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(27)
Full
(323)
Representative proteomes NCBI
(320)
Meta
(1)
RP15
(80)
RP35
(131)
RP55
(196)
RP75
(237)
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Format an alignment

  Seed
(27)
Full
(323)
Representative proteomes NCBI
(320)
Meta
(1)
RP15
(80)
RP35
(131)
RP55
(196)
RP75
(237)
Alignment:
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We make all of our alignments available in Stockholm format. You can download them here as raw, plain text files or as gzip-compressed files.

  Seed
(27)
Full
(323)
Representative proteomes NCBI
(320)
Meta
(1)
RP15
(80)
RP35
(131)
RP55
(196)
RP75
(237)
Raw Stockholm Download   Download   Download   Download   Download   Download   Download   Download  
Gzipped Download   Download   Download   Download   Download   Download   Download   Download  

You can also download a FASTA format file containing the full-length sequences for all sequences in the full alignment.

External links

MyHits provides a collection of tools to handle multiple sequence alignments. For example, one can refine a seed alignment (sequence addition or removal, re-alignment or manual edition) and then search databases for remote homologs using HMMER3.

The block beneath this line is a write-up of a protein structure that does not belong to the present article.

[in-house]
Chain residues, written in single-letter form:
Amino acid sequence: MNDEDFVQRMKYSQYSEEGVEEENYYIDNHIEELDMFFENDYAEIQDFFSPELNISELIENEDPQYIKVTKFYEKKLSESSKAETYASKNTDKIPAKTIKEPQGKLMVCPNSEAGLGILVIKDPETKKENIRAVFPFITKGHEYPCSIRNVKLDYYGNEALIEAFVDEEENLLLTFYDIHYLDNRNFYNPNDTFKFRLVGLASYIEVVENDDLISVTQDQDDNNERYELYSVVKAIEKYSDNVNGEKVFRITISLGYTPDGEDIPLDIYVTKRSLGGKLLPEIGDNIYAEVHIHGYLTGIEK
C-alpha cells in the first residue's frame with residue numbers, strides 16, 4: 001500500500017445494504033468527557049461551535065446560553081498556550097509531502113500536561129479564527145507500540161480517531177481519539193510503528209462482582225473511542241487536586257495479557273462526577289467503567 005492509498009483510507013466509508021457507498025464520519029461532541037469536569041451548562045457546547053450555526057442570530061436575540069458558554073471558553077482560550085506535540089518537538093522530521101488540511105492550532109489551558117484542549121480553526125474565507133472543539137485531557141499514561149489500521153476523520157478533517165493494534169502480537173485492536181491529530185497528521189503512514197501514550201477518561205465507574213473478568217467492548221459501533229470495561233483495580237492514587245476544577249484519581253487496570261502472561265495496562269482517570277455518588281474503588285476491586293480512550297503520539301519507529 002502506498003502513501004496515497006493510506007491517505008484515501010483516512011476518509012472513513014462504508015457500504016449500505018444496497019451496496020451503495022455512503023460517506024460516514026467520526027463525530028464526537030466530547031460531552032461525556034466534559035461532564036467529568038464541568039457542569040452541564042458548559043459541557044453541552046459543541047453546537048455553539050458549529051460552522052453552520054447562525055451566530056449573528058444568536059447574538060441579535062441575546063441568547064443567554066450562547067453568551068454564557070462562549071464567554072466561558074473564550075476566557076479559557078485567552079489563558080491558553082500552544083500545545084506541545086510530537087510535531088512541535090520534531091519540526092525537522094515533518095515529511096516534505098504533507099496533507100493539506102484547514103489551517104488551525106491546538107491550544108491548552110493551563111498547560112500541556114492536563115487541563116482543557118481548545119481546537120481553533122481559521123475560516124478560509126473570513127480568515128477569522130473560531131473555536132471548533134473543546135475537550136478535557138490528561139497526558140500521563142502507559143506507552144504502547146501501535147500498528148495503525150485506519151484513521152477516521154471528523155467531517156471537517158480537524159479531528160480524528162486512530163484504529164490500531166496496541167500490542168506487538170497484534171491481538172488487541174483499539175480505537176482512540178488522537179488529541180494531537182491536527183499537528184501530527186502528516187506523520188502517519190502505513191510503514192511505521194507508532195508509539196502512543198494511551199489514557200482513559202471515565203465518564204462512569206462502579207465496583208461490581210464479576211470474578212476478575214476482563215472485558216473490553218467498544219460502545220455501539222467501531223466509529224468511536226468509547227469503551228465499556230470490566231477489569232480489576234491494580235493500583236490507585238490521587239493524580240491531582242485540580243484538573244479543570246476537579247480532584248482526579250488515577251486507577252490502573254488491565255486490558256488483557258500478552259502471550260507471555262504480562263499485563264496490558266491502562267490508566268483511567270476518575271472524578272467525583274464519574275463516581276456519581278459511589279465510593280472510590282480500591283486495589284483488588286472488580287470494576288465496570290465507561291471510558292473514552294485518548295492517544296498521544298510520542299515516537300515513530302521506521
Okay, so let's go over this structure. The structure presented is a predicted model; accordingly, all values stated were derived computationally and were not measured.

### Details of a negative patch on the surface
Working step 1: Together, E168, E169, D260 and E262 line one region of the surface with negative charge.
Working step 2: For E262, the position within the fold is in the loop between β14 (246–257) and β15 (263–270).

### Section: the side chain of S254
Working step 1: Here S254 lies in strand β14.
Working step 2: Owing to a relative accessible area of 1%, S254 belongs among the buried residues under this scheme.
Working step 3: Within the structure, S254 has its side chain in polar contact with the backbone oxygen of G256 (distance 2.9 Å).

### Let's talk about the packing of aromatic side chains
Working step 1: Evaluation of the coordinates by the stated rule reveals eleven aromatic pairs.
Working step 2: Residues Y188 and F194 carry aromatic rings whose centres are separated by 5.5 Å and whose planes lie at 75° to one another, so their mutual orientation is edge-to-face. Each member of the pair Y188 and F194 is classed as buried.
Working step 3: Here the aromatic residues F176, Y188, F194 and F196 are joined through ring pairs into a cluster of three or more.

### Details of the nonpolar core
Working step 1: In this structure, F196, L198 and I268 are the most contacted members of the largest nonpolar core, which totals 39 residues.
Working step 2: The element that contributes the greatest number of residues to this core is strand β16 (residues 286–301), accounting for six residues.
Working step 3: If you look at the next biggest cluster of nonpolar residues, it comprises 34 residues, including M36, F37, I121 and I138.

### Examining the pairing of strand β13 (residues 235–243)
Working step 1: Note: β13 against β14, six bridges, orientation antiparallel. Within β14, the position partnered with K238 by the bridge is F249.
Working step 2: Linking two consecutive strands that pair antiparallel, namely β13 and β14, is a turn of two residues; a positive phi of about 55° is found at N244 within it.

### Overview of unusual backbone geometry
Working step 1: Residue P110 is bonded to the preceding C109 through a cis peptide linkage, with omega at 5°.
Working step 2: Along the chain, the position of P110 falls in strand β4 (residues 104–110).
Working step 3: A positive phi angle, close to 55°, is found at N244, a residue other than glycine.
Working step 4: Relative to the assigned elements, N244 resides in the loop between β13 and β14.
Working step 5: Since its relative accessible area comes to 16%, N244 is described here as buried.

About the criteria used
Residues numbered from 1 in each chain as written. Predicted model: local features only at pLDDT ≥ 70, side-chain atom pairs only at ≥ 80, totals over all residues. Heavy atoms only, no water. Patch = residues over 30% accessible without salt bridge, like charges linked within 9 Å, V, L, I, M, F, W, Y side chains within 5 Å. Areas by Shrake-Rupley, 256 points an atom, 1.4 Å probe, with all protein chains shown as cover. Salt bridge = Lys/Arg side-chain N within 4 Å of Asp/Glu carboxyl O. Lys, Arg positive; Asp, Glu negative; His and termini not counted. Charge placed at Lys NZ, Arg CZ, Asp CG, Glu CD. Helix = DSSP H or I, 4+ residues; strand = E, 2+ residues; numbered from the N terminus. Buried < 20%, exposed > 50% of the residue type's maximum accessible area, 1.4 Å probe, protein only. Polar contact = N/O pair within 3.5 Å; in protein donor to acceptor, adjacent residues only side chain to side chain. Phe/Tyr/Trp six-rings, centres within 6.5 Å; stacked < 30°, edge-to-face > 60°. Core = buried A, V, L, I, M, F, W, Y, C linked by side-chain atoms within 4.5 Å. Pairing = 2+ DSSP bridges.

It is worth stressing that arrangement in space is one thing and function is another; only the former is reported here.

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Trees

This page displays the phylogenetic tree for this family's seed alignment. We use FastTree to calculate neighbour join trees with a local bootstrap based on 100 resamples (shown next to the tree nodes). FastTree calculates approximately-maximum-likelihood phylogenetic trees from our seed alignment.

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Curation and family details

This section shows the detailed information about the Pfam family. You can see the definitions of many of the terms in this section in the glossary and a fuller explanation of the scoring system that we use in the scores section of the help pages.

Curation View help on the curation process

Seed source: Pfam-B_7342 (release 7.3);
Previous IDs: none
Type: Family
Author: Wood V, Finn RD
Number in seed: 27
Number in full: 323
Average length of the domain: 243.40 aa
Average identity of full alignment: 23 %
Average coverage of the sequence by the domain: 40.50 %

HMM information View help on HMM parameters

HMM build commands:
build method: hmmbuild -o /dev/null HMM SEED
search method: hmmsearch -Z 23193494 -E 1000 --cpu 4 HMM pfamseq
Model details:
Parameter Sequence Domain
Gathering cut-off 25.4 25.4
Trusted cut-off 25.7 25.4
Noise cut-off 24.8 25.3
Model length: 279
Family (HMM) version: 8
Download: download the raw HMM for this family

Species distribution

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Structures

For those sequences which have a structure in the Protein DataBank, we use the mapping between UniProt, PDB and Pfam coordinate systems from the PDBe group, to allow us to map Pfam domains onto UniProt sequences and three-dimensional protein structures. The table below shows the structures on which the SRP-alpha_N domain has been found. There are 2 instances of this domain found in the PDB. Note that there may be multiple copies of the domain in a single PDB structure, since many structures contain multiple copies of the same protein seqence.